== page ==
As of March 1, 2012, in Pennsylvania, if you text while you are operating a moving vehicle, you are committing a primary offense. A primary offense means that a police officer can pull you over if he observes you committing the offense. The fine is $50.
For a press release on the legislation see here. Governor Corbett notes that if you need to text, you should pull over and park your car. The law covers reading or writing any text based message, which would include texts, email, instant messaging, etc. It also includes surfing the web, as most attorneys read it.
It seems to me as if it is illegal to send a text or email via hands free technology as well. The law doesn’t specifically say anything about hand held texting, it speaks to texting period. Is that how other people are reading it? That seems illogical to me. If I can pick up my phone and dial a number, or have a conversation on my phone, why can’t I use my bluetooth to compose and/or listen to a text or email?
Unfortunately, I see this law causing some problems because it is vague and will be a bit difficult to enforce. How will an officer know if someone is quickly dialing a phone number or changing the song on his phone? Pennsylvania doesn’t require hands-free phone use in general and it will be hard for police to tell the difference, I imagine.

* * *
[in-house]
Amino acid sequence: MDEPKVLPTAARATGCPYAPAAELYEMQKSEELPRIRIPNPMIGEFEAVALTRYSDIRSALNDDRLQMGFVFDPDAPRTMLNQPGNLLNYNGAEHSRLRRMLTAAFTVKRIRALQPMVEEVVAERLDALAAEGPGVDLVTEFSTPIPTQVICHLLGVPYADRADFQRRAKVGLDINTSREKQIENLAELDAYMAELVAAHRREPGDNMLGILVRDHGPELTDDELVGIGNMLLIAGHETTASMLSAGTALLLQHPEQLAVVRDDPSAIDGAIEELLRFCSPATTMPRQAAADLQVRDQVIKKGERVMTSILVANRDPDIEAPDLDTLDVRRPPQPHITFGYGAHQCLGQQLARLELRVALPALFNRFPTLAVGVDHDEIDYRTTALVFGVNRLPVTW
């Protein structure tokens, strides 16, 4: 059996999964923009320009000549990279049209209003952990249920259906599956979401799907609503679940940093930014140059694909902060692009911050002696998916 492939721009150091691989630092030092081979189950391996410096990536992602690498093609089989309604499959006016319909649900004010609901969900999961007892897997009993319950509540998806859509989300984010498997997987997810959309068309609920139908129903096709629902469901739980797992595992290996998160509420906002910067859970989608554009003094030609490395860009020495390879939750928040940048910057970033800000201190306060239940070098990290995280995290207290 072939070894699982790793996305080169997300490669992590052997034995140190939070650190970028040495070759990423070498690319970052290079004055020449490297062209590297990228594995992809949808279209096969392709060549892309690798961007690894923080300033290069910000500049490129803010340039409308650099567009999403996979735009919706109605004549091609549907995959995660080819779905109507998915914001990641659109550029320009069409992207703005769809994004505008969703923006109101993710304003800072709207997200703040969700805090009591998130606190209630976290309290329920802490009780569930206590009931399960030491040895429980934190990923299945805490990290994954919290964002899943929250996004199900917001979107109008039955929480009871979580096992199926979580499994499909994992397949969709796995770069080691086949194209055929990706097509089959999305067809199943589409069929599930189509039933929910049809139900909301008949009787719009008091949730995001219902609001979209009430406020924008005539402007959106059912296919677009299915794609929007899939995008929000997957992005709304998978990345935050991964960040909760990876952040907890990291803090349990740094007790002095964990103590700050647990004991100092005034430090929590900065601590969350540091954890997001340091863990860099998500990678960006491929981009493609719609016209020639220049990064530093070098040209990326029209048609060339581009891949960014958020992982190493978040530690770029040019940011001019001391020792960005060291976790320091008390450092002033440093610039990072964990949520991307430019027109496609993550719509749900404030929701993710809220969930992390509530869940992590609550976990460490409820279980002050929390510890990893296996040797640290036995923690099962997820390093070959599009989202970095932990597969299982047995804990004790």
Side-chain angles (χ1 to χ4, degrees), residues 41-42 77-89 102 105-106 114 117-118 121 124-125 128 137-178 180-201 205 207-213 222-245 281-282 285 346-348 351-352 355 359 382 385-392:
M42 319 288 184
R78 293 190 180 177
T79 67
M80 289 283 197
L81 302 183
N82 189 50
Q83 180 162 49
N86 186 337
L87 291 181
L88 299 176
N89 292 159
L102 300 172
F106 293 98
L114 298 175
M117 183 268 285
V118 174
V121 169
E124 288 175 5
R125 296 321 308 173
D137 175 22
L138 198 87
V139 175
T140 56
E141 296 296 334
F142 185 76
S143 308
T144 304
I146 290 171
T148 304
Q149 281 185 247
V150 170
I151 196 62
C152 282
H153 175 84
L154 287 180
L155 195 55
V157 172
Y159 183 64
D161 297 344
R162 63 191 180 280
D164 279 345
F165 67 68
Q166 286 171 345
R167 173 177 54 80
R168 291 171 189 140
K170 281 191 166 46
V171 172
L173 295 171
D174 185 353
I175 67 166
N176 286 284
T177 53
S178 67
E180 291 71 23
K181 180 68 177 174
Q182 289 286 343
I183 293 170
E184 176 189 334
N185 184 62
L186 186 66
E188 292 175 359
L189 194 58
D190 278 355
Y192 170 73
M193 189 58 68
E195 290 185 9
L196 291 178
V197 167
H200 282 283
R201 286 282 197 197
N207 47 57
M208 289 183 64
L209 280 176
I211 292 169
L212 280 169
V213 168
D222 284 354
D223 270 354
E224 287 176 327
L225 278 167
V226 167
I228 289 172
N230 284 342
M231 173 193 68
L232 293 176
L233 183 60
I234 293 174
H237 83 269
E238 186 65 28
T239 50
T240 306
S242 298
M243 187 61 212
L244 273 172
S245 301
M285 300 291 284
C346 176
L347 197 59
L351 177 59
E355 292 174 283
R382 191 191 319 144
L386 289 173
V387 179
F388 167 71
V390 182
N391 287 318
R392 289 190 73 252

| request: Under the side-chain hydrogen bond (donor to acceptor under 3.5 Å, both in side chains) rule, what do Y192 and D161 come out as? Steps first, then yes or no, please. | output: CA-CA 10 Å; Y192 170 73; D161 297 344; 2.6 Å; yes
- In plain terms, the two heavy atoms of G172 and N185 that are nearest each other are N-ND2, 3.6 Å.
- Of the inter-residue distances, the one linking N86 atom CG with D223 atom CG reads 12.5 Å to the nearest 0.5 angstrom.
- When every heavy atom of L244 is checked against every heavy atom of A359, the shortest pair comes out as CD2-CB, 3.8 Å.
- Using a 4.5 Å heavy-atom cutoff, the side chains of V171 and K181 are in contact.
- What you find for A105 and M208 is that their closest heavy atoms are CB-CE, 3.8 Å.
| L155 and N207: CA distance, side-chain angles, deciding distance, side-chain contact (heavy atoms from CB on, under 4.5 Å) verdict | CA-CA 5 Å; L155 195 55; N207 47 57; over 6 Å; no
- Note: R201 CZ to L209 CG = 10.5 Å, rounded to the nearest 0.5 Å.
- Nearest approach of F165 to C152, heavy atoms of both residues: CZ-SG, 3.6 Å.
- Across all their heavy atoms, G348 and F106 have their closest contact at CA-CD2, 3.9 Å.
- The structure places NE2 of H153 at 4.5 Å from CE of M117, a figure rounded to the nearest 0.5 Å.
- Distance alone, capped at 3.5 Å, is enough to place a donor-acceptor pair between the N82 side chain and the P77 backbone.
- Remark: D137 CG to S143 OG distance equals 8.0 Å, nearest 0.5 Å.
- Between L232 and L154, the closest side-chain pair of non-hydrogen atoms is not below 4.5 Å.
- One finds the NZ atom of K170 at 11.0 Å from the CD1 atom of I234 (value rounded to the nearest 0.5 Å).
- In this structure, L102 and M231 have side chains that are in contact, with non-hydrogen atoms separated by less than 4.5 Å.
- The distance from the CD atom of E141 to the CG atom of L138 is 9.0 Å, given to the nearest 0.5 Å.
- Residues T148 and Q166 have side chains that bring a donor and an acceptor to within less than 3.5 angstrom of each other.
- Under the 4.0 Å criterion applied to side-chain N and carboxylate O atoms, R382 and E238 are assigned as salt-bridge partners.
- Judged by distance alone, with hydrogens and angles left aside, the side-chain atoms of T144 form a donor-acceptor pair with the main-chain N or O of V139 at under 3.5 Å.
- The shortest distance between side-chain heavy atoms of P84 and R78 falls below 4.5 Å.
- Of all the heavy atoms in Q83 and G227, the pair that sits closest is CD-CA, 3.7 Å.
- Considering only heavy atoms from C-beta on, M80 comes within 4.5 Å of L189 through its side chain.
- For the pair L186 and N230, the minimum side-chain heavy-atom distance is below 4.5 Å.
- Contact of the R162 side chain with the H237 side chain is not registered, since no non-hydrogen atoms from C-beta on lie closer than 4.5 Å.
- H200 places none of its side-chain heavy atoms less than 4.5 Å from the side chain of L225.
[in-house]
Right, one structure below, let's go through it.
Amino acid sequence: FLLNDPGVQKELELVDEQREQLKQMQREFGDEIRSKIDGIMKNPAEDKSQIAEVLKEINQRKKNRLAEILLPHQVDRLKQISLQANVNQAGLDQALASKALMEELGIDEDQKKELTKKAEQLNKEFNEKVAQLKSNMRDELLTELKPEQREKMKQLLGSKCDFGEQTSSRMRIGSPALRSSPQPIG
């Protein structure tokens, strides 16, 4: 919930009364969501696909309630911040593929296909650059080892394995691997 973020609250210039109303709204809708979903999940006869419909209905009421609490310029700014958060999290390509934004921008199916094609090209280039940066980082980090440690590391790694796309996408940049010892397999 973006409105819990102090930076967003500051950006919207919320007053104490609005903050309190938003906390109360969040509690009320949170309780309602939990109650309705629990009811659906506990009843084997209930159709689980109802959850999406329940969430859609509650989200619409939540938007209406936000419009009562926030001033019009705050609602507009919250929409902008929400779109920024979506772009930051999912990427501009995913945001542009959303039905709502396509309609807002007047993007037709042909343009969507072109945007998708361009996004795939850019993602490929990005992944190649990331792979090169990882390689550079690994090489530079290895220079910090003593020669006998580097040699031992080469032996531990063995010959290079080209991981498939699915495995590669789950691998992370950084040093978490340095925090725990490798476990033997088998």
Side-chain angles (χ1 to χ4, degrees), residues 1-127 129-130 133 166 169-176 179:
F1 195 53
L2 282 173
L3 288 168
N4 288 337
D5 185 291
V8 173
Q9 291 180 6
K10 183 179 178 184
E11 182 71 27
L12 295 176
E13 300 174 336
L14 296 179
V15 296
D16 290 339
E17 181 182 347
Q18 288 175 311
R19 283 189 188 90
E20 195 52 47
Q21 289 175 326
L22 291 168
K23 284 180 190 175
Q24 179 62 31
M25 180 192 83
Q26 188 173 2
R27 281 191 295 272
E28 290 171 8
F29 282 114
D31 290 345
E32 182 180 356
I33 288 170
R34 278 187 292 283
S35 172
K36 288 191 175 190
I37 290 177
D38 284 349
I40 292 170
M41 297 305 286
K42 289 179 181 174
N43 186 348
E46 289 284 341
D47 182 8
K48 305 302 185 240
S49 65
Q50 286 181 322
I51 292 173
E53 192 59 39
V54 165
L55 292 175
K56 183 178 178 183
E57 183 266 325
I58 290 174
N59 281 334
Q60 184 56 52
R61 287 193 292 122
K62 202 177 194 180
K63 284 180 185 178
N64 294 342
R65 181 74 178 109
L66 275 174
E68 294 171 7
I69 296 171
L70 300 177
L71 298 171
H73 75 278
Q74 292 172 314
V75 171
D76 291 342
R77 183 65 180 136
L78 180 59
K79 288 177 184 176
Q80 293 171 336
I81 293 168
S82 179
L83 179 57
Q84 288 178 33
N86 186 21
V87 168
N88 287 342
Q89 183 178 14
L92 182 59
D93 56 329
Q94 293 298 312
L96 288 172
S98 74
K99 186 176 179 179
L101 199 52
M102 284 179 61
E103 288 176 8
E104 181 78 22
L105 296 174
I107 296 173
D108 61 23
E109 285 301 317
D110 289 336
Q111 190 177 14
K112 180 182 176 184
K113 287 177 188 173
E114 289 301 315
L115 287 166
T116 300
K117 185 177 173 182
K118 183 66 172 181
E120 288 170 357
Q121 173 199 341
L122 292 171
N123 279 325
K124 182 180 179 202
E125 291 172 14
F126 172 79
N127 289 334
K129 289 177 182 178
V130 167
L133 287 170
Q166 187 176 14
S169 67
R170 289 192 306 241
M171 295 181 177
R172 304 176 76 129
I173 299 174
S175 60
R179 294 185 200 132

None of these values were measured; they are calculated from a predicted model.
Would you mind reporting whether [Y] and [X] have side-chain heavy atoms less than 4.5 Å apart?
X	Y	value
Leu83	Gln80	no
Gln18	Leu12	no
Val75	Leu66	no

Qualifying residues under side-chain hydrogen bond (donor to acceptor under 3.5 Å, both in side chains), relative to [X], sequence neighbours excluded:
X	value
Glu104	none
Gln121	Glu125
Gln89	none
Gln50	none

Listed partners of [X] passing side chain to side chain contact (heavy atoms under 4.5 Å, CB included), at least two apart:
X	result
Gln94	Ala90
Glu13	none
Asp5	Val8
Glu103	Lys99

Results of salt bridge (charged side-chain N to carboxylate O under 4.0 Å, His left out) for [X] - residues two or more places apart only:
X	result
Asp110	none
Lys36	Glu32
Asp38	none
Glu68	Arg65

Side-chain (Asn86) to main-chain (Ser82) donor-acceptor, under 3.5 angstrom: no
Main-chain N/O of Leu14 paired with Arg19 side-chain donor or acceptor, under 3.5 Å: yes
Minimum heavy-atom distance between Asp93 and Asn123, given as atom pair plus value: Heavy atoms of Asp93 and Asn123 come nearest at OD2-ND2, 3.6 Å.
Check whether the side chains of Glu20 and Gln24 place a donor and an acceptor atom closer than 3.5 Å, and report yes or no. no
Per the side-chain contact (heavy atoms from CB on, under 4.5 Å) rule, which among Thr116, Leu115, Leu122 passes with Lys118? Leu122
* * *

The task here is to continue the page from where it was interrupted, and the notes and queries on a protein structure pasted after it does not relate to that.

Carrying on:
All the same, only a fool texts while driving, something most people know. Unfortunately, when it comes to texting and driving, while most people know it is dangerous, a lot of people still do it. A fact supported by numerous studies and reported in articles such as this one from the Philadelphia Inquirer.
Regardless of my concerns as to the specifics of the law and its enforcement, maybe the ban will encourage people to put their phones down while the car is moving. One can only hope. But I think the law needs to be a bit more clear as to what is covered and to address the hands free issue.